Civil War vet in Albion gets headstone 101 years after death
ALBION – A Civil War veteran who raised five children in Orleans County and sold coal for a living was buried in the older St. Joseph’s Cemetery on Brown Road in 1915, more than a century ago.
Last year, the Holy Family Parish was going through records at the cemetery and realized that John Frost never had a headstone. County Historian Matt Ballard, a member of the parish and also the Knights of Columbus, shared the story with Tim Archer, a service learning teacher at Albion Central School. Archer looks for community projects where 140 seventh graders can learn local history and also address a need.
The students wanted Frost to have a headstone. They worked with the Veterans Service Agency in Orleans and Niagara counties to secure a headstone for Frost. The marble stone was unveiled on Saturday during a service at the cemetery.
Archer said the government officials in the Washington, D.C. Monuments Office moved quickly to process and approve the request before the school year ended. He thanked Tony Navarra from the Holy Family Parish for setting the stone in the historic cemetery.
Seventh-grader Leeanna Montanarella shares John Frost’s biography. Frost was born in England on June 22, 1836. At age 13 he left for the United States with his father John and brother Edward on the Northumberland. They arrived in New York City on April 18, 1850 and moved to South Barre. In 1860, Frost was working as a farmer. He enlisted in the Union Army in his mid-20s and served three years.
Frost had the rank of musician, which was just below corporal and just above private. In the Civil War, musicians were relied upon to entertain troops, position troops in battle and stir them on to victory.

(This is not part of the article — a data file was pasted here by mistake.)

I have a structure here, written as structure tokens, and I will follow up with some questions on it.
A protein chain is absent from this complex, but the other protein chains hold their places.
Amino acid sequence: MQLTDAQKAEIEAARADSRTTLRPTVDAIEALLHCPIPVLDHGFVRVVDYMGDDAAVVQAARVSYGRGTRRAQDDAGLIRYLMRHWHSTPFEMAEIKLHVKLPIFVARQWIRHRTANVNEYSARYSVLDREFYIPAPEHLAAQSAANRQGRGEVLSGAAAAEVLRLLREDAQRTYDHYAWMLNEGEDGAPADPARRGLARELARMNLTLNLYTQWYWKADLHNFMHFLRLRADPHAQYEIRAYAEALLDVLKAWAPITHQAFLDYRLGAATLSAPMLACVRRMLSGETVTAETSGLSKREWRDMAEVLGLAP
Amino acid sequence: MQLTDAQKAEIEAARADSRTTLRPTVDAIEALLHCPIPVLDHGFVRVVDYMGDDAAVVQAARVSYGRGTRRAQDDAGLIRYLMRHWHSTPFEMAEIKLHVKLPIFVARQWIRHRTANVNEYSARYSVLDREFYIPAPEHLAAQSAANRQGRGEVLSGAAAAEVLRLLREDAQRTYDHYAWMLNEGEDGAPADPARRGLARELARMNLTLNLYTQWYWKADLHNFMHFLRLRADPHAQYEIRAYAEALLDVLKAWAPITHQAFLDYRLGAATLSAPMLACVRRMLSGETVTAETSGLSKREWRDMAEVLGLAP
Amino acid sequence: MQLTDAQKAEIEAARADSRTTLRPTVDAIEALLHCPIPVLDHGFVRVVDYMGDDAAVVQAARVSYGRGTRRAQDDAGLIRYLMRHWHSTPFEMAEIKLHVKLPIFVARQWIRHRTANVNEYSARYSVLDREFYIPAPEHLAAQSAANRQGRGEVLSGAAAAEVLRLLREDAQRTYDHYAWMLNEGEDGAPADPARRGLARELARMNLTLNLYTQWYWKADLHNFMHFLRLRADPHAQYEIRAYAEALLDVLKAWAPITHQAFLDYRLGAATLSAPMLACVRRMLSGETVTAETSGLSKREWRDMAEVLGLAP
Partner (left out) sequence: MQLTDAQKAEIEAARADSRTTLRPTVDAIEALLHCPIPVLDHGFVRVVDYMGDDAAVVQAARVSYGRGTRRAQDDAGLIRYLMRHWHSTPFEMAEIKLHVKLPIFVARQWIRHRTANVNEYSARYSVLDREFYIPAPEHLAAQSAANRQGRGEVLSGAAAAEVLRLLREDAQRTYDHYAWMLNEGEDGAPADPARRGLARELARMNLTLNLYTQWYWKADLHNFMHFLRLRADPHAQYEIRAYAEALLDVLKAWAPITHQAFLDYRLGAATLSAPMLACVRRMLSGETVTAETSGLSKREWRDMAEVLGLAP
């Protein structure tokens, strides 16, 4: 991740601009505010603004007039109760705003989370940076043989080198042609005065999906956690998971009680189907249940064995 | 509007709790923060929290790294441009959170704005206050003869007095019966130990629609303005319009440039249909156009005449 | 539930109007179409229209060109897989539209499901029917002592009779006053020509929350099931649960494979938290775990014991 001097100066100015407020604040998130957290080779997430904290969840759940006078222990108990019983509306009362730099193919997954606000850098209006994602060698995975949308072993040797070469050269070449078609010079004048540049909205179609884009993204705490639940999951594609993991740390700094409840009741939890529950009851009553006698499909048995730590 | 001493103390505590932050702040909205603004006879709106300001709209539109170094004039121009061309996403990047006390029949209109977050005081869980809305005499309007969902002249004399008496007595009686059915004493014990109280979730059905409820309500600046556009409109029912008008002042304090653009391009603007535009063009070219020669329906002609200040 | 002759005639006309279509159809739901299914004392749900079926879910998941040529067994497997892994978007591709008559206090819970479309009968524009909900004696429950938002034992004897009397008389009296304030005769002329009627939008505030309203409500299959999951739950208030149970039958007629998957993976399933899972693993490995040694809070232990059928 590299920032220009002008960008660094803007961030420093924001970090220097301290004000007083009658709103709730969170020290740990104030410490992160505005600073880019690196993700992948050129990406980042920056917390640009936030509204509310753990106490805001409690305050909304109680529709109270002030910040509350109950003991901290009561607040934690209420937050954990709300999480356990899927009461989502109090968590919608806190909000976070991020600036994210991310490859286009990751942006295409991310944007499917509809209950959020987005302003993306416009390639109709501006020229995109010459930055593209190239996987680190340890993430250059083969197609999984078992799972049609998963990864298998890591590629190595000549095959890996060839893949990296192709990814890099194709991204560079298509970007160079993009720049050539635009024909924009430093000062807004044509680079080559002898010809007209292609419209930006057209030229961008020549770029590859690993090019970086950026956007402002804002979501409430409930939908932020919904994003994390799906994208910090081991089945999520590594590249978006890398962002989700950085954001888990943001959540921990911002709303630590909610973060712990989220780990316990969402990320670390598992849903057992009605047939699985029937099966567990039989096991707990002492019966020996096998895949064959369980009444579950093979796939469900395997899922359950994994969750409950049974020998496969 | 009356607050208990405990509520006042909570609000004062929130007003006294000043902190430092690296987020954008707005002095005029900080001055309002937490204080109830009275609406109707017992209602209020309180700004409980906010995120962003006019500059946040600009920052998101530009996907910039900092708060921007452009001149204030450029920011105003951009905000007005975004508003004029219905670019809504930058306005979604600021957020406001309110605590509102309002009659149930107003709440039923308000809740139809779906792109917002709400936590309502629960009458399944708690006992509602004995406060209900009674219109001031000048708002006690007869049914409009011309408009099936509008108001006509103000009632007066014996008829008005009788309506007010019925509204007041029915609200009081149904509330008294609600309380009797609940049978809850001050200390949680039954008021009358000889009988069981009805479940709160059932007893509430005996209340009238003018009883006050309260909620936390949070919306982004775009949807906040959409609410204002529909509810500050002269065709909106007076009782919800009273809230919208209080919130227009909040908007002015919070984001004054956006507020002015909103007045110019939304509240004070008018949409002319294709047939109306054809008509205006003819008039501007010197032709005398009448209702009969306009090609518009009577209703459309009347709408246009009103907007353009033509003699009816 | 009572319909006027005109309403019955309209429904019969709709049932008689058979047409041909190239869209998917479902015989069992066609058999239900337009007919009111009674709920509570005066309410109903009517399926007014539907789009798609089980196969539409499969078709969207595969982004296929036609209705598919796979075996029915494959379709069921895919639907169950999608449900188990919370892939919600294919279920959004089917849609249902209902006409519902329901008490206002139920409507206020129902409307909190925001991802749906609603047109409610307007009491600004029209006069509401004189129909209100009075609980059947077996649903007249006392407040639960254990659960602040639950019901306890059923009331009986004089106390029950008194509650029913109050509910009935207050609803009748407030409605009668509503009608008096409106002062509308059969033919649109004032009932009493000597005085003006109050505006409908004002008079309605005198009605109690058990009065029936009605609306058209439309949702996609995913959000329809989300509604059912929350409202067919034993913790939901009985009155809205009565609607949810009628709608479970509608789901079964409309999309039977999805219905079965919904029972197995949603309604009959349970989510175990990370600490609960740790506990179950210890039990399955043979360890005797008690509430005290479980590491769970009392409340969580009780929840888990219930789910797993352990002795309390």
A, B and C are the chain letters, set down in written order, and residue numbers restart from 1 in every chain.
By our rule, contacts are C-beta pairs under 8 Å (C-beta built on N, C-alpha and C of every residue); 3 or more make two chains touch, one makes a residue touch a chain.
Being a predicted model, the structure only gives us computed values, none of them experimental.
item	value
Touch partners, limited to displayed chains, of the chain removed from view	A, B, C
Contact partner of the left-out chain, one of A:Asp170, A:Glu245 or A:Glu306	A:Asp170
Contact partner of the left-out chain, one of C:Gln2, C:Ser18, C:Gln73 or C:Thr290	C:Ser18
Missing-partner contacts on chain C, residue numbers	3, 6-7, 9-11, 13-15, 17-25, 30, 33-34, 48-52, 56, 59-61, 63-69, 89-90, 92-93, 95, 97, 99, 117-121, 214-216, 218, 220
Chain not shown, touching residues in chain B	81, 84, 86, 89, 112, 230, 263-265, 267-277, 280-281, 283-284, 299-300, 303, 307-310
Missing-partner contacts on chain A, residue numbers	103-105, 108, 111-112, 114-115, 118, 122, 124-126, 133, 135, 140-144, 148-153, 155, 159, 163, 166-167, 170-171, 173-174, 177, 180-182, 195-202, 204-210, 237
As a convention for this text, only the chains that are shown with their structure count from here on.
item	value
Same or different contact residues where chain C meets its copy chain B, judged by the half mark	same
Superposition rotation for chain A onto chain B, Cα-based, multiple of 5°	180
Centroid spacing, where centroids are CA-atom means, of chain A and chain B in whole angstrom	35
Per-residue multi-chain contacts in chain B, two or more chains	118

Frost, according to the 1880 Census, was married to Margaret Cusack and had five children, ages 14, 11, 9, 6 and 4.
Bryne Dysard, an Albion seventh grader, reads Abraham Lincoln’s second inaugural address – “With malice towards none, with charity for all” – from March 4, 1865.
Students Kyle Lonnen and Noah Rowlett unveil the headstone while teacher Tim Archer watches at St. Joseph’s Cemetery.
Knights of Columbus members Bob Ballard, left, and Casimer Pruski, both past grand knights, present a grave marker, noting that Frost served in the Civil War for the Union, at his grave during Saturday’s ceremony.
This grave marker was given by the K of C to recognize Frost’s service for the Union.
Matt Ballard, a member of the Knights of Columbus and the county historian, thanked Albion students for working to recognize John Frost. “It is a great honor and privilege to congratulate Mr. Archer and his students on a job well done, their noble task is appreciated by all who cherish the liberties provided by the sacrifices of those who passed before us.”
Ballard said Frost had “quietly passed into the annals of history, forgotten for decades” until Albion students pushed to have him recognized.
“The commitment of our youth to the cause of historic preservation fuels the fire and the desire to share that history with the greater community,” Ballard said.
Three seventh graders play Taps, including, from left: Kailey Merrill, Lauren Wehling and Ashley Ames.
Tim Archer and the seventh graders are pictured with the new headstone for John Frost.